Provide bicycle parking spaces in accordance with Chapter 230 of Zoning By-law 569-2013. 1

AQ 2.2 Long-term Bicycle Parking Location

Long-term bicycle parking must be provided in a secure controlled-access bicycle parking facility or purpose-built bicycle locker on the first or second storey of the building or on levels below ground commencing with the first level below ground. 2,3,4

AQ 2.3 Short-term Bicycle Parking Location

Locate short-term bicycle parking in a highly visible and publicly accessible location at-grade or on the first parking level of the building below grade. 2,3,4

AQ 2.4 Electric Bicycle Infrastructure

Residential: At least 15% of the required long-term bicycle parking spaces, or one parking space, whichever is greater, shall include an Energized Outlet (120 V) adjacent to the bicycle rack or parking space. 5

AQ 2.5 Shower and Change Facilities

Provide shower and change facilities consistent with the rate identified in Chapter 230 of the City-wide Zoning By-law. 1

AQ 2.6 Publicly Accessible Bicycle Parking

(Refer to Specifications & Resources 6)

For all uses within 500m of transit station entrance, provide at least 10 additional publicly accessible, short-term bicycle parking spaces, at-grade on the site or within the public boulevard in addition to bicycle parking required under AQ 2.1.

Specifications and Resources

  1. Provide bicycle parking rates, spaces and shower and change facilities in accordance with the Bicycle Parking Space Regulations, Chapter 230 of the City-wide Zoning By-law. Refer to the City of Toronto’s Guidelines for the Design and Management of Bicycle Parking Facilities for best practice design.
  2. Long-term (occupant) bicycle parking spaces are bicycle parking spaces for use by the occupants or tenants of a building. Short-term (visitor) bicycle parking spaces are bicycle parking spaces for use by visitors to a building.
  3. Bicycle Zone 1 is defined as the area of the City bounded by the Humber River on the west, Lawrence Avenue on the north, Victoria Park Avenue on the east and Lake Ontario on the south. Bicycle Zone 2 includes all areas of the city not included in Bicycle Zone 1.
  4. Long-term bicycle parking may be provided on levels below ground, starting on the first level below grade and moving down, in one level increments, when at least 50 per cent of the area of that level is occupied by bicycle parking spaces until all required bicycle parking spaces have been provided. Calculate 50 per cent of the net area of the parking level (deduct required areas such as elevator shafts, drive aisles and mechanical rooms). A short-term bicycle parking space must be no more than 30m from a pedestrian entrance to the principal building on the lot.Where bicycle parking is located on or below the second parking level of the building below-ground, provide at least one elevator accessible to bicycles with direct access to each level where bicycle parking is located. The location and dimensions of the elevator must facilitate easy access for bicycles.
  5. The number of electric bicycle parking spaces is included as part of the total required bicycle parking rate. Locate the Energized outlet at a maximum distance of 1100 mm from the bike rack to accommodate the typical manufacture supplied power cord. Label the required long-term bicycle parking spaces and electric bicycle charging spaces clearly for users.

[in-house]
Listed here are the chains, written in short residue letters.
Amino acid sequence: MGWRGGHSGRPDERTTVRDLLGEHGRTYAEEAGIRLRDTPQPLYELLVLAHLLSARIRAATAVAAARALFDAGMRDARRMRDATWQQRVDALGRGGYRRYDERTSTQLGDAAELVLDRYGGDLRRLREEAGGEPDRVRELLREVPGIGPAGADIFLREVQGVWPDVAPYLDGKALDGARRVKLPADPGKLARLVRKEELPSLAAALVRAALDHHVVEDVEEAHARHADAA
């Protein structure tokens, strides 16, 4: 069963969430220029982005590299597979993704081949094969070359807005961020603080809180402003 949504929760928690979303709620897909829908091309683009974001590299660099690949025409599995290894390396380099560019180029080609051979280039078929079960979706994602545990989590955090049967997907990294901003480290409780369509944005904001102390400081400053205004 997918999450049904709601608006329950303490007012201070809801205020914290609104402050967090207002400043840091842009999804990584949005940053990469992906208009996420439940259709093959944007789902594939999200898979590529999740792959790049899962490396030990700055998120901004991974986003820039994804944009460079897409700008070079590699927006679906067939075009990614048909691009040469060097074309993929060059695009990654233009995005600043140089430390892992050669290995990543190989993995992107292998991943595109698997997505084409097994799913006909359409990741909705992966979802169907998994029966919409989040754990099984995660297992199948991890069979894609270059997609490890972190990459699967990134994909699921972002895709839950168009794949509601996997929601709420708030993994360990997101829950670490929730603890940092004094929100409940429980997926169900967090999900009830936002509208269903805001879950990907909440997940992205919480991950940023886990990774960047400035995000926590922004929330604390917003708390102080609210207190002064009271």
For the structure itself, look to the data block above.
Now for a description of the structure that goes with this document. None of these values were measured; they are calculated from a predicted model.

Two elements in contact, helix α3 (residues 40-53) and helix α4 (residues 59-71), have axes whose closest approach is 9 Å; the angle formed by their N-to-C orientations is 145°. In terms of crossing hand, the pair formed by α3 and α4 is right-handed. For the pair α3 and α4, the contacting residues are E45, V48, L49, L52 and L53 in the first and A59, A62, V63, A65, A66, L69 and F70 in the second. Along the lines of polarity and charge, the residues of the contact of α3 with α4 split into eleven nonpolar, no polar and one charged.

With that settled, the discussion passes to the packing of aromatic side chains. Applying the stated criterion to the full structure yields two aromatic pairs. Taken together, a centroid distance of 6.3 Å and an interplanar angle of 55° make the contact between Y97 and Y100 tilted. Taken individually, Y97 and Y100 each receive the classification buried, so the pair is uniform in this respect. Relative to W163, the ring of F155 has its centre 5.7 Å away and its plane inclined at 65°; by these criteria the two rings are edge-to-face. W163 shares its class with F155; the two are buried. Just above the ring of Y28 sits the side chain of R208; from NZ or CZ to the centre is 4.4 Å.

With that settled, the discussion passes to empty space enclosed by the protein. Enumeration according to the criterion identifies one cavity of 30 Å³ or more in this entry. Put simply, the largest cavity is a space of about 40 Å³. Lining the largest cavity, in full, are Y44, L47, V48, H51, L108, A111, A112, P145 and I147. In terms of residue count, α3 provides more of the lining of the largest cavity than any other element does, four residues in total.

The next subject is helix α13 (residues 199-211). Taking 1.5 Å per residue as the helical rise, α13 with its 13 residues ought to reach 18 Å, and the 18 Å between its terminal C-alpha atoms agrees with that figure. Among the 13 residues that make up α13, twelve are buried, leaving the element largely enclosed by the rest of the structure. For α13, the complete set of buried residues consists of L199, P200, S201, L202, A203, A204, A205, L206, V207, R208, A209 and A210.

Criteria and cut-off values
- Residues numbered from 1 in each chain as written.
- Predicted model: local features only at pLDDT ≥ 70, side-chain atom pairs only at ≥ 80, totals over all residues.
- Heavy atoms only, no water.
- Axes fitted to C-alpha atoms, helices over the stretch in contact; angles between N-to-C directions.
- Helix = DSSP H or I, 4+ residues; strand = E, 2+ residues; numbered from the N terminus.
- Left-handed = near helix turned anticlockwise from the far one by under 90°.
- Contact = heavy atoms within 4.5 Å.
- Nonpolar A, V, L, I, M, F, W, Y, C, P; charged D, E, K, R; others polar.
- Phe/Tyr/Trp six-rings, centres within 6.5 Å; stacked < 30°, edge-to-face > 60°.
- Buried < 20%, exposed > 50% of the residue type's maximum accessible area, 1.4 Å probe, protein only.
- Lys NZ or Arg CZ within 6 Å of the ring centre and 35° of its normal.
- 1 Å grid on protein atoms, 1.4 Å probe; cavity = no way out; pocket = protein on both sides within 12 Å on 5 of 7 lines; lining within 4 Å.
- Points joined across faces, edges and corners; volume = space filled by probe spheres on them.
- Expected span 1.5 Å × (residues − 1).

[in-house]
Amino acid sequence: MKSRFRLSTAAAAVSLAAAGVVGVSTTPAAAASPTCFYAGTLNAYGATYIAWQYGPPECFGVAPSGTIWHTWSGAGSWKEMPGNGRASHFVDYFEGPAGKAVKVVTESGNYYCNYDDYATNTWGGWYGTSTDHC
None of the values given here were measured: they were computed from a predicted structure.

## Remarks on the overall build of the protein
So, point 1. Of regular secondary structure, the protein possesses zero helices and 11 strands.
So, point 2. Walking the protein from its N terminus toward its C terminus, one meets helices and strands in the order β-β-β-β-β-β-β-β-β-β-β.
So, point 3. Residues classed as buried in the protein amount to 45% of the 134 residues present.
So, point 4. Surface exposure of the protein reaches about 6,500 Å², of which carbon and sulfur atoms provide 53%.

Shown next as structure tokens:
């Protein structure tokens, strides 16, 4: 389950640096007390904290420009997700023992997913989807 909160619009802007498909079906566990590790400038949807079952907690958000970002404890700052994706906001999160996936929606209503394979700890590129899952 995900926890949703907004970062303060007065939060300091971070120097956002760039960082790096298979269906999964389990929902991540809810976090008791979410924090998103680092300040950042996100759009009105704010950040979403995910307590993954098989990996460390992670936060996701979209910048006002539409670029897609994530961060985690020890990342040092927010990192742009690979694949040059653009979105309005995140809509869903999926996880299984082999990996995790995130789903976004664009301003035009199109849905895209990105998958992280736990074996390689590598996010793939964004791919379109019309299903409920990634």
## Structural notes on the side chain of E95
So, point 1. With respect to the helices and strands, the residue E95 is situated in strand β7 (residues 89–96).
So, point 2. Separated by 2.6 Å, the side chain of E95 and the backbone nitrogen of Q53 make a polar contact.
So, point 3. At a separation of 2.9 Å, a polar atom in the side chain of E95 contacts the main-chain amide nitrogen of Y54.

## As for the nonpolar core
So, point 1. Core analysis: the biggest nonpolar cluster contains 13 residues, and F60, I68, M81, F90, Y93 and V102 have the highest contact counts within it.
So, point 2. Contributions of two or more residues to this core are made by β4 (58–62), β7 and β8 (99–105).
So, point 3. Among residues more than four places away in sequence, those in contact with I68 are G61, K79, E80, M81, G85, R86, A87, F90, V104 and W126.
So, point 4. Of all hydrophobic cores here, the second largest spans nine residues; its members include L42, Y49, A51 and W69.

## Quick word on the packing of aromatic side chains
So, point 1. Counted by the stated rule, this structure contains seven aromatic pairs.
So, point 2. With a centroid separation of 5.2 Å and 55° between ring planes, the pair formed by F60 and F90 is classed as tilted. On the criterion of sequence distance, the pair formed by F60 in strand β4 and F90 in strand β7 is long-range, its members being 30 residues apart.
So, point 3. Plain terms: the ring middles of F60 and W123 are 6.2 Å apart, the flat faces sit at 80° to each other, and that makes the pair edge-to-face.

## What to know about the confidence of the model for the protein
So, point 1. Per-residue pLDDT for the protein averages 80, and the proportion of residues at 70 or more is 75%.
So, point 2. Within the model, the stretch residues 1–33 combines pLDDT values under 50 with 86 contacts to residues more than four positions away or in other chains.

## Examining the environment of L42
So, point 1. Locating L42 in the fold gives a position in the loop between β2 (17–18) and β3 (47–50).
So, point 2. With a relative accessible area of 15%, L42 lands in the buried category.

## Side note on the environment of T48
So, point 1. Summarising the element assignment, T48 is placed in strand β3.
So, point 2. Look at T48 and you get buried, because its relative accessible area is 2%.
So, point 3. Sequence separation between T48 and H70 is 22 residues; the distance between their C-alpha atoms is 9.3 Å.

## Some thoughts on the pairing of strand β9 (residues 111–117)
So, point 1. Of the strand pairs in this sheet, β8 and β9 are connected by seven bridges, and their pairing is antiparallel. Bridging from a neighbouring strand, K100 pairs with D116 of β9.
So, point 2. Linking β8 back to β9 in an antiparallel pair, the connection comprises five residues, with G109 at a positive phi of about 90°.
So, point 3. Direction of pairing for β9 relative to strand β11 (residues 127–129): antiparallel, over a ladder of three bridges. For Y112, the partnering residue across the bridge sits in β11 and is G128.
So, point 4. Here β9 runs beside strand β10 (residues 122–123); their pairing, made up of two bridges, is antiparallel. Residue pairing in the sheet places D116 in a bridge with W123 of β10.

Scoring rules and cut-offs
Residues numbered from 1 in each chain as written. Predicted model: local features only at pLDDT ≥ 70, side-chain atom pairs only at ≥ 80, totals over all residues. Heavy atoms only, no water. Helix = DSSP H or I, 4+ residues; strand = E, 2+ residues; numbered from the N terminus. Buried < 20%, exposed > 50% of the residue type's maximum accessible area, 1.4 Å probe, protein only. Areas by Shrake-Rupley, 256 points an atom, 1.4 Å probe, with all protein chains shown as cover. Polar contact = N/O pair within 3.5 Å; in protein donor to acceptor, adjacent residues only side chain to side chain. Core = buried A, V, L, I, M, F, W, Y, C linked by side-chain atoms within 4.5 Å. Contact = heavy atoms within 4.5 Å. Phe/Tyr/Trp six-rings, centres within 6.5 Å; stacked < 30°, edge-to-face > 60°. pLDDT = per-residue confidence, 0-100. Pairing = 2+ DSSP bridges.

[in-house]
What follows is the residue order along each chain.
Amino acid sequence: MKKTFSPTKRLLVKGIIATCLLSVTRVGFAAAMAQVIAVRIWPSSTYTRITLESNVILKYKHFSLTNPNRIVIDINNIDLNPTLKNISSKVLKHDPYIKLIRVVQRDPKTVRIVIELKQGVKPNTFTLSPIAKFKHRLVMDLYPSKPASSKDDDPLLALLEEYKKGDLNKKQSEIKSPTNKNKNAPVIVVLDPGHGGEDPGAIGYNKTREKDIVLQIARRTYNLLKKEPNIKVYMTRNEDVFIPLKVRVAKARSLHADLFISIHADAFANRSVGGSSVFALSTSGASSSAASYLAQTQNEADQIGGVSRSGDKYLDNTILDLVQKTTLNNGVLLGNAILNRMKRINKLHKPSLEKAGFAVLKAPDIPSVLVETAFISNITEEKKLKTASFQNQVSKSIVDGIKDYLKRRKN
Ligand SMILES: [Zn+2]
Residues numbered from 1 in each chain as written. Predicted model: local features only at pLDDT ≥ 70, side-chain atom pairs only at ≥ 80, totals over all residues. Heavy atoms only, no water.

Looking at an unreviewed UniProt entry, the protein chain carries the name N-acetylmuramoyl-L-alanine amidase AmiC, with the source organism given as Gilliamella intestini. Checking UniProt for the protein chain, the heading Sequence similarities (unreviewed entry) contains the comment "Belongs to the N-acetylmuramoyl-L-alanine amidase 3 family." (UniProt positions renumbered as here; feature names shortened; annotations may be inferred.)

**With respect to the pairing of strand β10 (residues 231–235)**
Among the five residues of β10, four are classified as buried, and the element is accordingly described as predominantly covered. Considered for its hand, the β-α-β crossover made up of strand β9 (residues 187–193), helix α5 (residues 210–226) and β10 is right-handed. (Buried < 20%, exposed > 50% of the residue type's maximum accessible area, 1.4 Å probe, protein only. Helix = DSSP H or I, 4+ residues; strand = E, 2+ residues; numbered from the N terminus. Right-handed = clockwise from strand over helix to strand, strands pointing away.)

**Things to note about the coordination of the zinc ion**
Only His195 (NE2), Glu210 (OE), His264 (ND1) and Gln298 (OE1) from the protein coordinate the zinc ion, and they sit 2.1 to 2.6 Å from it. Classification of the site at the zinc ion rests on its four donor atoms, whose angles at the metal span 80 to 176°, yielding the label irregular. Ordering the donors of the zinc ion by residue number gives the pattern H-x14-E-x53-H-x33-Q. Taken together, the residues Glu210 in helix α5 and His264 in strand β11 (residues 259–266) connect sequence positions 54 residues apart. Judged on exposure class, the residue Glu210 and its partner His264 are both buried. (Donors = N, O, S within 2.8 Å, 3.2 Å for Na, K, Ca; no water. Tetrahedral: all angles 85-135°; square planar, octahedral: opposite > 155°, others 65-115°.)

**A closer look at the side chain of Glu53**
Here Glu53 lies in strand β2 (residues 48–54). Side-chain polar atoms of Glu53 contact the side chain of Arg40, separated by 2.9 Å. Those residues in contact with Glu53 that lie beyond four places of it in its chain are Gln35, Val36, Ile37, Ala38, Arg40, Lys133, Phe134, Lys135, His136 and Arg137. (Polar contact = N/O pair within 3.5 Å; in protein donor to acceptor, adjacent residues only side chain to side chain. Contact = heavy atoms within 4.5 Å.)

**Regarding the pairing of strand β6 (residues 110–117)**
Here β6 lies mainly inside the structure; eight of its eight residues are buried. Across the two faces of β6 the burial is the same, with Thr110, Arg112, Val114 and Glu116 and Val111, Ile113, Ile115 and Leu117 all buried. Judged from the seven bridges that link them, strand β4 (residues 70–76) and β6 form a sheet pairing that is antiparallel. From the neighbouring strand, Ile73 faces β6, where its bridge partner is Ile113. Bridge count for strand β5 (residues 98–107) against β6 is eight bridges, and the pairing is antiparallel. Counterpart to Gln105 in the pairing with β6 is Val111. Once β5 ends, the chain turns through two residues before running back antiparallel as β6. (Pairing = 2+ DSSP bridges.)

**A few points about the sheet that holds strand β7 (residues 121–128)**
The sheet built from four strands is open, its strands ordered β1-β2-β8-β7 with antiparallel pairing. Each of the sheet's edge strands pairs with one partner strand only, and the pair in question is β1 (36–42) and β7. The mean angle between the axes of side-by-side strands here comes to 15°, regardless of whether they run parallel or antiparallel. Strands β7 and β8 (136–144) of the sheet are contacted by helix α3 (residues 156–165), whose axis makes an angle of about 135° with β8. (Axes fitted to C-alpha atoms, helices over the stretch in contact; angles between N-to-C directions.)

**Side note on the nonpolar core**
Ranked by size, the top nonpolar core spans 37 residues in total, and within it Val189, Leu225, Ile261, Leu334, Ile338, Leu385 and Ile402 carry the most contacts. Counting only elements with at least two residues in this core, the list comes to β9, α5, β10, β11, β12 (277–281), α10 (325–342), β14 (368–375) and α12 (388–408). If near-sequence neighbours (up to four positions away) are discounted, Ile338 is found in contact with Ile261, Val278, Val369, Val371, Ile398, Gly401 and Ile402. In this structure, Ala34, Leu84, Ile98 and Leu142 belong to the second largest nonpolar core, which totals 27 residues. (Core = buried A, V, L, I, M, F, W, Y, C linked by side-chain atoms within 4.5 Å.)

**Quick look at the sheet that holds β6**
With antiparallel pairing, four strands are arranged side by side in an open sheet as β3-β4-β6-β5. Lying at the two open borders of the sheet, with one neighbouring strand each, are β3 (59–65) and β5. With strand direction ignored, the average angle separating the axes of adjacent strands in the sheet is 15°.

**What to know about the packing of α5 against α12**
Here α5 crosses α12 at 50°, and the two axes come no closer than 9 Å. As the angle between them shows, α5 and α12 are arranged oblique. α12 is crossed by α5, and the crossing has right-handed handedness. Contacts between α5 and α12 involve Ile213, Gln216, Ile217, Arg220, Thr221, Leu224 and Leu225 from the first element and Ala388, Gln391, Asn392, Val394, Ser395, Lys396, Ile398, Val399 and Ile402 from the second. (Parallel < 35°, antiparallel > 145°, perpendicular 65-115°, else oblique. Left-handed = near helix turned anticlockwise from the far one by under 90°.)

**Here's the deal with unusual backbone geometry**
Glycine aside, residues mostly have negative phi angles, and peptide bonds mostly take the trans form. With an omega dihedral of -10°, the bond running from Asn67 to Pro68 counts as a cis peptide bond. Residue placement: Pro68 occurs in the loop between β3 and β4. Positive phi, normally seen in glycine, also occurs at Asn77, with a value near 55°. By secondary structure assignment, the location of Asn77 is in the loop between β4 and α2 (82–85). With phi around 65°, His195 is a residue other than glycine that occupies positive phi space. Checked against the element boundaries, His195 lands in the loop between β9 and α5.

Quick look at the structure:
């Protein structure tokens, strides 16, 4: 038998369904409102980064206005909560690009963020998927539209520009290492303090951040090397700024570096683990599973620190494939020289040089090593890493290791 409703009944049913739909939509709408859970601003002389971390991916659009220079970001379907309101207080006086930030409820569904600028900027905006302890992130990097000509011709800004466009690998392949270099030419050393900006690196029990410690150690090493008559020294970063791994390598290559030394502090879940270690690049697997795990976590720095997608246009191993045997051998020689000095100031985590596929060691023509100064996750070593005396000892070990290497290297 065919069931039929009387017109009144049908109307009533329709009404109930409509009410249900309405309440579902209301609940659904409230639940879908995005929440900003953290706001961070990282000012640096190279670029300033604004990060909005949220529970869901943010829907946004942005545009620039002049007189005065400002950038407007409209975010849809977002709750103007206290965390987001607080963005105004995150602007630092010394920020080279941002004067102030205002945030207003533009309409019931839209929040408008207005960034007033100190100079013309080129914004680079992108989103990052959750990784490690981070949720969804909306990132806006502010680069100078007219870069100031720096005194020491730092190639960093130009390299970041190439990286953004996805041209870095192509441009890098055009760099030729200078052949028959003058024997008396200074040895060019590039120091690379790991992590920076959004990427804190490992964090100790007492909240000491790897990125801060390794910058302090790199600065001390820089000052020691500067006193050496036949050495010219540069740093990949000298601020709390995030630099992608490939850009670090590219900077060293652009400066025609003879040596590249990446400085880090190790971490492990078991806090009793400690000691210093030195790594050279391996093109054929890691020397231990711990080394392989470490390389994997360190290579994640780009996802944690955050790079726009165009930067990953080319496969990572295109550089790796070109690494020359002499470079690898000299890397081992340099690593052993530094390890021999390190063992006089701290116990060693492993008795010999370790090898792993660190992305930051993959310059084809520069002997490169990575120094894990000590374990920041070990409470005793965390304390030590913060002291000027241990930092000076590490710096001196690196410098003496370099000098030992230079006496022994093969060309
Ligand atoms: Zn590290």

6. Bicycle parking should be weather protected and secure.

AQ 3.1 Connectivity

Provide safe, direct, universally accessible pedestrian routes, including crosswalks and midblock crossings that connect the buildings on-site to the off-site pedestrian network and priority destinations. 1

AQ 3.2 Sidewalk Space

Provide a context-sensitive pedestrian clearway that is a minimum of 2.1m wide, to safely and comfortably accommodate pedestrian flow. 2,3

AQ 3.3 Weather Protection

Provide covered outdoor waiting areas for pedestrian comfort and protection from inclement weather. 4

AQ 3.4 Pedestrian Specific Lighting

Provide pedestrian scale lighting that is evenly spaced, continuous and directed onto sidewalks, pathways, entrances, outdoor waiting areas and public spaces. 5

Specifications and Resources

  1. Off-site pedestrian networks and priority destinations include sidewalks, transit stops/stations, parking areas (bikes and cars), surrounding parks and open space, mid-block walkways, underground concourses, primary building entrances or other key pedestrian access points, crossings and routes.
  2. The pedestrian clearway is the universally accessible, unobstructed, direct and continuous path of travel within the sidewalk zone. A clearway greater than 2.1m wide may be required at corners, transit nodes or other contexts with high pedestrian volumes or pedestrian activity (e.g. at-grade patios and retail uses): City of Toronto Accessibility Design Guidelines.
  3. A context-sensitive sidewalk zone at least 6m wide, measured from curb to buildings face, is recommended to support a variety of streetscape elements including the pedestrian clearway, trees, furniture, lighting, utilities, cafés, etc. that contribute to a vibrant and complete street. For more information see the applicable Urban Design Streetscape and Public Space Guidelines.
  4. Outdoor waiting areas must include the primary entrance to the building or any entrance adjacent to a lobby. Coverings such as canopies and awnings should be opaque for shade and weather protection and to mitigate bird collisions.
  5. Pedestrian scale lighting must be Dark Sky Compliant in accordance with EC 5.4, directed downward and includes fixtures such as bollards or lower-scale pole fixtures along pedestrian routes. For details on pedestrian scale exterior lighting design strategies that minimize light pollution, refer to the Best Practices for Effective Lighting.